EU-US Privacy Shield 2.0

October 21, 2022

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Is the solution for safe transatlantic transfers here?
Similar to when the GDPR was implemented in 2018 and data protection was on everyone’s mind, the Schrems ll ruling and the dismantling of Privacy Shield alone has become a whirlwind that businesses have had a difficult time taming. In almost all businesses that process personal data, some kind of transfer of personal data to the US takes place, and after Schrems II, it has been required in all organizations to have a thorough overview and documentation of their third country transfers to the US. Many have been waiting for further information about how the development will take place – will there be a new Privacy Shield 2.0 operation in place, or will one have to accept the inherent risk that third country transfers to the US entail? Or in the case of many situations – do we need to look for other systems where third country transfers do not take place and the personal information stays within the EU?

Privacy Shield 2.0 or Schrems II?
The big talk of the past week has been the Executive Order (EO) that US President Joe Biden signed on October 7th 2022, which will enable the development of a new data sharing agreement between the EU and the US. The data sharing agreement, let’s call it Privacy Shield 2.0 for the sake of simplicity, changes the conditions for US intelligence services to access electronic communications. The EO is an attempt to plug the shortcomings in the American data protection legislation that the EU Court of Justice previously found, by introducing, among other things, individual rights and proportional measures based on this, as well as control and transparency from American courts regarding handling and access to data. Various actors in the US will need to take measures to realize the EO, including through regulations and guidelines and responsibilities over supervision.

Now that the EO is signed, the ball is in the EU’s court. The Commission will review whether the conditions in the EO are sufficient to decide whether it is adequate to resume a legal transfer of data from the EU to the US. An adequacy decision from the Commission means that US data protection legislation is equated with the GDPR and would then lead to the end of the risks that are currently associated with third country data transfer to the US.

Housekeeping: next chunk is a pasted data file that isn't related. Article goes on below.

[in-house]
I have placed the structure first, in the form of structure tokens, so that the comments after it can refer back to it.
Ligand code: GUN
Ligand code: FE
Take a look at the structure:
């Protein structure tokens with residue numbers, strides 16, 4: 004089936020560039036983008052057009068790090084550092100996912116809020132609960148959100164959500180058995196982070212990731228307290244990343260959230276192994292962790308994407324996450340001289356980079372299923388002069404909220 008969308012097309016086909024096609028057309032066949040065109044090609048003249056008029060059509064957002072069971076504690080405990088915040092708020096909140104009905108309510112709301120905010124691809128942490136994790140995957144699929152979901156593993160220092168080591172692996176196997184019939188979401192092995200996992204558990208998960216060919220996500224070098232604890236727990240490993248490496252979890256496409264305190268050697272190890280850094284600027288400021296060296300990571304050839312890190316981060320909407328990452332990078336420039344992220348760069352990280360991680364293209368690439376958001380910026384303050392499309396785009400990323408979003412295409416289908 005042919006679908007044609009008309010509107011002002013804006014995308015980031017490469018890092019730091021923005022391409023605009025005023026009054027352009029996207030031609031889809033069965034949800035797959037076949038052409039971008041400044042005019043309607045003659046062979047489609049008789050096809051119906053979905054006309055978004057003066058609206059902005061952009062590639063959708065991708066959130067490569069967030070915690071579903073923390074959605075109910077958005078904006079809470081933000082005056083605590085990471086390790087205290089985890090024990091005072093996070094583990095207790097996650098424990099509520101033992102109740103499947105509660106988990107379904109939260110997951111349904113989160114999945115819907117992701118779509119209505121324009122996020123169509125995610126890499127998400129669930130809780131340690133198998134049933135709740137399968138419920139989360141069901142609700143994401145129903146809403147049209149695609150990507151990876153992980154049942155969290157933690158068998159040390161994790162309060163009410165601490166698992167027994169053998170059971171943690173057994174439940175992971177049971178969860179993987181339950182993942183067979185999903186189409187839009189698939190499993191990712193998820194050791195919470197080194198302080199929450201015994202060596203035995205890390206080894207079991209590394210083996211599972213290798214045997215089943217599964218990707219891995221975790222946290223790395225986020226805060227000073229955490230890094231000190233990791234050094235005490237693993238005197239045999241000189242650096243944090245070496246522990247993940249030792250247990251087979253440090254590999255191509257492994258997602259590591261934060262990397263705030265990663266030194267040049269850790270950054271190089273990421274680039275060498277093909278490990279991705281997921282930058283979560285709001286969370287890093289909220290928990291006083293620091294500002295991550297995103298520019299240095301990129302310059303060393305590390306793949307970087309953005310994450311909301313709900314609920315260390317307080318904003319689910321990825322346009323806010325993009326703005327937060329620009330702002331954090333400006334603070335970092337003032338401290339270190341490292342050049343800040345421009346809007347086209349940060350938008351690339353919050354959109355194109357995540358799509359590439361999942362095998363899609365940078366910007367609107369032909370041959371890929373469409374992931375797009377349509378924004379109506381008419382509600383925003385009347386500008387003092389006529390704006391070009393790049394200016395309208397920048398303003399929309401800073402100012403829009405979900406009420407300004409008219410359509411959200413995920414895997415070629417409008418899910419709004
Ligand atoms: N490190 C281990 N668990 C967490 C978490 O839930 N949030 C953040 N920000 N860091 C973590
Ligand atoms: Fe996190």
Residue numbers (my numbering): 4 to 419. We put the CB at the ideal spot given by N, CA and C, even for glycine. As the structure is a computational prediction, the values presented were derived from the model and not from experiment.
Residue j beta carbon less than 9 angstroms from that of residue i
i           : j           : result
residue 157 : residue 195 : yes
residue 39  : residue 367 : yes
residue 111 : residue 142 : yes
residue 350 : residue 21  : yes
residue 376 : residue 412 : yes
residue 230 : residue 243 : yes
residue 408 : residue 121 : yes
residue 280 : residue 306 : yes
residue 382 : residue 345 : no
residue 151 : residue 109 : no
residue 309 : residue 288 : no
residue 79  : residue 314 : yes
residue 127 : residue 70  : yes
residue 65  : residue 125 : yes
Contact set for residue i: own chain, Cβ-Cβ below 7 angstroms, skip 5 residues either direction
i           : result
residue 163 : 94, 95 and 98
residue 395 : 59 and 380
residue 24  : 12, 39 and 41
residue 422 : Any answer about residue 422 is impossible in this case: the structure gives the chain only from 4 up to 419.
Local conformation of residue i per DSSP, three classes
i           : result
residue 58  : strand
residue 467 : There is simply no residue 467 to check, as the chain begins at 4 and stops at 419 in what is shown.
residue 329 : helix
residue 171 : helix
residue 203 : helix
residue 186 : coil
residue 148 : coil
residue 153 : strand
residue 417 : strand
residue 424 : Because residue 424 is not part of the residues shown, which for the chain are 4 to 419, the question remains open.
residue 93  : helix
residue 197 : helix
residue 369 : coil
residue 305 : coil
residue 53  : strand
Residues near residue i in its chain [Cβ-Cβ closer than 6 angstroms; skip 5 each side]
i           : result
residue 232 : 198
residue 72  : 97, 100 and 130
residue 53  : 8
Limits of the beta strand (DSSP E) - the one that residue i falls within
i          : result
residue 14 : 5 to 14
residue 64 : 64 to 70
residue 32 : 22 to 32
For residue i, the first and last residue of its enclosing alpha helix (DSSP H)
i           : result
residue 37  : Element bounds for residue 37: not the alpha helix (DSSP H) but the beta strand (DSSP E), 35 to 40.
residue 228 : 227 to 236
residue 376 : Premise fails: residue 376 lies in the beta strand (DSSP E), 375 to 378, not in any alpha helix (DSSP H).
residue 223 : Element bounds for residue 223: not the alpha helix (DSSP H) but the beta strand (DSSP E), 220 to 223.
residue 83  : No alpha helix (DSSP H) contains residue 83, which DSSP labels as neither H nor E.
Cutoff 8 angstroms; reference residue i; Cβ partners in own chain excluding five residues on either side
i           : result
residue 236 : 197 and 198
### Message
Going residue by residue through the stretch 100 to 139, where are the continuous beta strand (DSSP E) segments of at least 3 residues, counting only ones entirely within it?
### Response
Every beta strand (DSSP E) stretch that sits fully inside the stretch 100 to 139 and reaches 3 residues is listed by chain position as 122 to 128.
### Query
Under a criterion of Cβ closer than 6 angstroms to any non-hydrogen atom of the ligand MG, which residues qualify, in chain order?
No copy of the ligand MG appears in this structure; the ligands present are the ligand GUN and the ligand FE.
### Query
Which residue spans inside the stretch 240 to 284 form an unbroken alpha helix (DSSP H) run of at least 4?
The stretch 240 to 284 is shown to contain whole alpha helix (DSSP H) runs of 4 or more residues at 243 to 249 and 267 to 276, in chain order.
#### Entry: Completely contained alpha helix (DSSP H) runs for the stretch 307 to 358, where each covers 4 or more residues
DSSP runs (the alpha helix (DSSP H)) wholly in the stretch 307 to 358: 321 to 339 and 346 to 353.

Now – it is important to not claim a victory in advance. Before an adequacy decision can be made, several bodies must be consulted, including the European Data Protection Board (EDPB). It is estimated that the process of producing an adequacy decision can take at least 6 months. If and when an adequacy decision is made, then other parties will take action. The organization NOYB may follow up with a report that the adequacy decision does not meet a high enough standard, which in such cases could lead to yet another termination of the agreement and we would then potentially have a Schrems lll situation ahead of us. Another aspect to take into account is that an EO can be torn up at any time if a new US president takes office, making the uncertainty even greater.

Further actions from businesses?
At the moment, nothing has changed regarding how to relate to third country transfers. Nothing is set and ready, and we cannot count on the process of developing a Privacy Shield 2.0 to be smooth and efficient. On the contrary, as mentioned above, various actors are expected to challenge the data sharing agreement on the same grounds that Privacy Shield was challenged and dismantled.

Businesses must still have full control over their third country transfers, ensuring compliance with various parts of European data protection legislation. This is done by having updated register of processing activities (ROPA), clear information to the registered and with various security measures, both technical and organizational, which are in line with practice and the regulatory framework. There are also indications that many businesses are beginning to review their systems and providers, to investigate whether there are equivalent systems and providers within the EU to migrate their data flows to. Documenting the risk of third country transfer is necessary, but also documenting your strategy on how to deal with this issue is much needed in cases where the risk of third country transfers increases and Privacy Shield 2.0 falls through.

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